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In the phrase of scripture, all good is attributed S ERM to God; and all spiritual good to the holy Spirit of CCXXIII. God working in us, and assisting us to the doing of it. As on the other hand, the scripture attributes all those fins that are committed in the world, to the influence of evil Spirits. “He that committeth sin “is of the devil.” And though we do not know many times, how the Spirit of God worketh a good inclination in us, yet it is safe to follow the phrase of scripture, and to afcribe all good to God, as in some way or other the author of it.

II. This doth not excuse the infidelity of men, that “ faith is the gift of God.” For though no man doth believe without some influence of the divine Spirit upon his heart, yet this does by no means excuse those who believe not, any more than it is an excuse to the infidelity of men, that the scripture attributes it to the devil, as in some sort the cause of it. He is said " to blind the eyes of them that believe

not, left the light of the glorious gospel of Christ “ should shine unto them.” But the unbelief of men is a fault for all this ; because the devil cannot blind our minds, unless we consent to it : he can only suggest false principles to us : but we may chuse whether we will entertain them or not: he can only tempt us to reject the truth ; but we may chuse whether we will do so or not. In this we are faulty, because we may resist the devil, and quench or repel those fiery darts which he cafts into our minds : but if we will consent to his temptations, and suffer ourselves to be blinded by him, the fault of our unbelief is our own, as well as his; and we are guilty of the infidelity which we suffer him to tempt us to.

So on the other hand, though “ faith be the gift “of God ;” yet those that believe not are faulty Q3

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CCXXIII.

upon this account, that they quench and refift the blessed motions of God's Spirit, and the infuence and operation of the Spirit of God, which accompany the truth of the gospel to the minds of men, and produce their effect wherever they are not opposed and rejected by the prejudice and perverseness of men.

III. Let us depend upon God for every good gift; and earnestly beg the asistance and influence of his holy Spirit, which is so necessary to us to beget faith in us, and to preserve, and to make it effectual upon our hearts and lives. Bread is not more necessary to the support of our natural life, than the holy Spirit of God to our spiritual life.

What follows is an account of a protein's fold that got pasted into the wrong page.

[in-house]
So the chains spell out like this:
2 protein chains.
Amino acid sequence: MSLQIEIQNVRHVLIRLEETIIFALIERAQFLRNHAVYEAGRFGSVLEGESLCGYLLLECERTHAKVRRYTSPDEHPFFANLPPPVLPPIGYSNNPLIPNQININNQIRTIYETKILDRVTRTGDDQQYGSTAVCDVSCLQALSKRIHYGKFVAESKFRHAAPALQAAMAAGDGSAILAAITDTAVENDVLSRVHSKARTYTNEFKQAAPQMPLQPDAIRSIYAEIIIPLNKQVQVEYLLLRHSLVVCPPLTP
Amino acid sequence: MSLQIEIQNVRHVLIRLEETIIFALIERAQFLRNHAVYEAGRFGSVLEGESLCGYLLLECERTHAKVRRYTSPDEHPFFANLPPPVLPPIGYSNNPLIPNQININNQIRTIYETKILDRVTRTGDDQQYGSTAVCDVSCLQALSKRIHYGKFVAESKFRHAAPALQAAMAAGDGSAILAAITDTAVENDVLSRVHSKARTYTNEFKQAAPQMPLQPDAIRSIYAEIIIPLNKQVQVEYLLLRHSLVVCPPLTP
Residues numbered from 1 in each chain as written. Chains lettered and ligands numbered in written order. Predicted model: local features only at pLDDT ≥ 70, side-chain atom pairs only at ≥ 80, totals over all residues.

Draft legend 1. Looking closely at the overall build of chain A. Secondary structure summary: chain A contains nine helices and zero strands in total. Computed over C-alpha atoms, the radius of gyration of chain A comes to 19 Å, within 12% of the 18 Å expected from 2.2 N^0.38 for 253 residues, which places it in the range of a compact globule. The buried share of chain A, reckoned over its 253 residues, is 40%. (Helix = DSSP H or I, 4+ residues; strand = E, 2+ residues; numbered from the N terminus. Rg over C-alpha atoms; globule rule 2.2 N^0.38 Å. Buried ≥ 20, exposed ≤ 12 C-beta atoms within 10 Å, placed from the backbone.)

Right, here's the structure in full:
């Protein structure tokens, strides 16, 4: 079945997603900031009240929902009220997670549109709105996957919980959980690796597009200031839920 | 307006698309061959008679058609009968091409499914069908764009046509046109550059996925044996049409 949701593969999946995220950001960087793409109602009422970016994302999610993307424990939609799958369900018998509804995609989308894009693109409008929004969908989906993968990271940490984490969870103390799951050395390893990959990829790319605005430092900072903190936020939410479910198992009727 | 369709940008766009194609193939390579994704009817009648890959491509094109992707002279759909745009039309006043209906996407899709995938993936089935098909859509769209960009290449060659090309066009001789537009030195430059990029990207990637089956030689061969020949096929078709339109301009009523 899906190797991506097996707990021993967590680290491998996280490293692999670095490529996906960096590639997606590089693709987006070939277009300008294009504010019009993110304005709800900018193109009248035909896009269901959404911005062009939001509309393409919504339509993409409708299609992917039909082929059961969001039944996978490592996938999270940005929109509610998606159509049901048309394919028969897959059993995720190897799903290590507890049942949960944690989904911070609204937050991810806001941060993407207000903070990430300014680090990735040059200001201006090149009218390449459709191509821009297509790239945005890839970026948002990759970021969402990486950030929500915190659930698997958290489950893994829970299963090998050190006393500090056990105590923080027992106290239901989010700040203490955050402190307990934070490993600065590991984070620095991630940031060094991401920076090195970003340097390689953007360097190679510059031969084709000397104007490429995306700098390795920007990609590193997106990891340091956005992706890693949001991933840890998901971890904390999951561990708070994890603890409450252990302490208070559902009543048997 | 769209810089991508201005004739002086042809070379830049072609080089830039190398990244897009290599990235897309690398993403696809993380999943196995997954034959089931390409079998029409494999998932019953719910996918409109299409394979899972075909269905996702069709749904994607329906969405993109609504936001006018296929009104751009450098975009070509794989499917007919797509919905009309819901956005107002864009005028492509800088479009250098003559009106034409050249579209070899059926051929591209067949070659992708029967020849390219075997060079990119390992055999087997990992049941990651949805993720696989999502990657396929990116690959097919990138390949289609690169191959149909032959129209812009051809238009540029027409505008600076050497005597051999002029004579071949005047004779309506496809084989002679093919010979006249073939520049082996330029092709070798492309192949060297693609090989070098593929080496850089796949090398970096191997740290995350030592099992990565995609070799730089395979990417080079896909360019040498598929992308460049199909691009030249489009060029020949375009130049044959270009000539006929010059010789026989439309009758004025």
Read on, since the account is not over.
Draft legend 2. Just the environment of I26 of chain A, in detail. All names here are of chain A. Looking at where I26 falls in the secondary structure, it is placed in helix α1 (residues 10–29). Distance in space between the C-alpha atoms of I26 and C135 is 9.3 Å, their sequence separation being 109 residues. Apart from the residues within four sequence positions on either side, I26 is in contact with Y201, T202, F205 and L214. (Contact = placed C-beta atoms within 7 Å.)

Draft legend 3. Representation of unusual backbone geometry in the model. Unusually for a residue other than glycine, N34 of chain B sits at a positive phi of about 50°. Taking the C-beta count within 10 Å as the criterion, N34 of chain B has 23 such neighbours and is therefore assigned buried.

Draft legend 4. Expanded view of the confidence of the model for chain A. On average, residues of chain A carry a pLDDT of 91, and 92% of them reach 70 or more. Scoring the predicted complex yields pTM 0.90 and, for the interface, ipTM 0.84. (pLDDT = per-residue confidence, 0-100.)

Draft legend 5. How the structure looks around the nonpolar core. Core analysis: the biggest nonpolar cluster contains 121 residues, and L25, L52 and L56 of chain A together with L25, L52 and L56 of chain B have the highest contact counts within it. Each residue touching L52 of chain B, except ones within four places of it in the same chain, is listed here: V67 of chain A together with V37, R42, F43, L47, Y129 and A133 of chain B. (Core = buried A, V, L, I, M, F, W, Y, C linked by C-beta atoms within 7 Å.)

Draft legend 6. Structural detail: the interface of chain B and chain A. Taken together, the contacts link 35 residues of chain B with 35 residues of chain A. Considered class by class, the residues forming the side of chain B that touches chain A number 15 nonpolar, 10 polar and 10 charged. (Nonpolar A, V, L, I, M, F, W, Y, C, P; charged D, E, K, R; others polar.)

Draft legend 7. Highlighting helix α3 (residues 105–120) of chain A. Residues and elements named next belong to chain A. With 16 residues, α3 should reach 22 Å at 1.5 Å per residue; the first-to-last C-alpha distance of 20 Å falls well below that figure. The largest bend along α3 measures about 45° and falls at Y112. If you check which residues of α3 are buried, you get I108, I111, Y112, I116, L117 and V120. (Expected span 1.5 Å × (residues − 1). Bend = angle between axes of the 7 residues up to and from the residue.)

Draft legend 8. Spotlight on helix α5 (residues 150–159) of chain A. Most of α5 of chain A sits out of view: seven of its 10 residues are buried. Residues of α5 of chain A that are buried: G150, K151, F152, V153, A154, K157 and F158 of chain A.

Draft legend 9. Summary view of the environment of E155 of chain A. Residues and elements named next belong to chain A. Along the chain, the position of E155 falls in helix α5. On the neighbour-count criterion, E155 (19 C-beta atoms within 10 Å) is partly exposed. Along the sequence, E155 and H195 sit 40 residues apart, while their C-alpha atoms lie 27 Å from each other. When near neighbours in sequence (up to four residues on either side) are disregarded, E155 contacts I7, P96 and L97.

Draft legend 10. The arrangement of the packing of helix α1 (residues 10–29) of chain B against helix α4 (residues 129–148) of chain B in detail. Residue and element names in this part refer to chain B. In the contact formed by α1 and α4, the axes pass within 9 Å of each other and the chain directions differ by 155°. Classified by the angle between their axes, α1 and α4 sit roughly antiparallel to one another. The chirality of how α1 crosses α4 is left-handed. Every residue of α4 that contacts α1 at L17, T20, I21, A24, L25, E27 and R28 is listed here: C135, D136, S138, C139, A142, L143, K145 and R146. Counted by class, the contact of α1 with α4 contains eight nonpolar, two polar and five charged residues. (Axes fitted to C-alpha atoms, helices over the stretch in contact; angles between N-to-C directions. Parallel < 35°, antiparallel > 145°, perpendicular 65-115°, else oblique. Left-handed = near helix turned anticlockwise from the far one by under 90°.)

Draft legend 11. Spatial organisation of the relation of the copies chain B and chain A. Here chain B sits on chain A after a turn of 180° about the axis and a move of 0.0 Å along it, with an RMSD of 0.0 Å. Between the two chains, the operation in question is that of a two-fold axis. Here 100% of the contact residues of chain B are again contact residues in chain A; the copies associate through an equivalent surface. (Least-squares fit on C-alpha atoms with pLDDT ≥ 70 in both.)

For our encouragement to ask this gift of God's holy Spirit, our Saviour hath told us, that God is very ready to bestow him upon us. No father upon earth is more ready to give bread to his children that cry after him, than God is to give his Spirit to those that heartily and earnestly beg it of him. So our Saviour assures us, Luke xi. 11, 12, 13. “ if a fon “ shall ask bread of any of yoụ that is a father, will “ he give him a stone? or if he ask a fish, will he “ for a fish give him a serpent ? or if he shall ask an “egg, a

will he offer him a scorpion ? If ye then, being “evil, know how to give good gifts unto your “ dren; how much more shall your heavenly Father “ give the holy Spirit to them that ask him ?”

And now I have done with the first thing that I propounded, which was to open the nature of faith to you in general. I have been the longer upon this, because I thought it very material, and important to the settling of right apprehensions in us concerning religion, and divine things ; and I have all along endeavoured to make things as easy and plain as the

chil

nature

nature of the subject would permit. And though propably many things that I have said, might not be within the full reach and comprehension of all capacities, yet because I hoped they might be useful and beneficial to some at least, I could not think the other consideration a sufficient reason why I should wholly omit them, and pass them by ; remembring what St. Paul says, that “ he was a debtor to the wise," as well

“the unwise.” And St. Peter tells us, that St. Paul in his epistles wrote“ many things, which were “ hard to be understood” by some persons; yet because those things might be of use to others, the Spirit of God did not think fit to omit the writing of them. What remains I shall reserve for another discourse, with which I shall conclude this subject,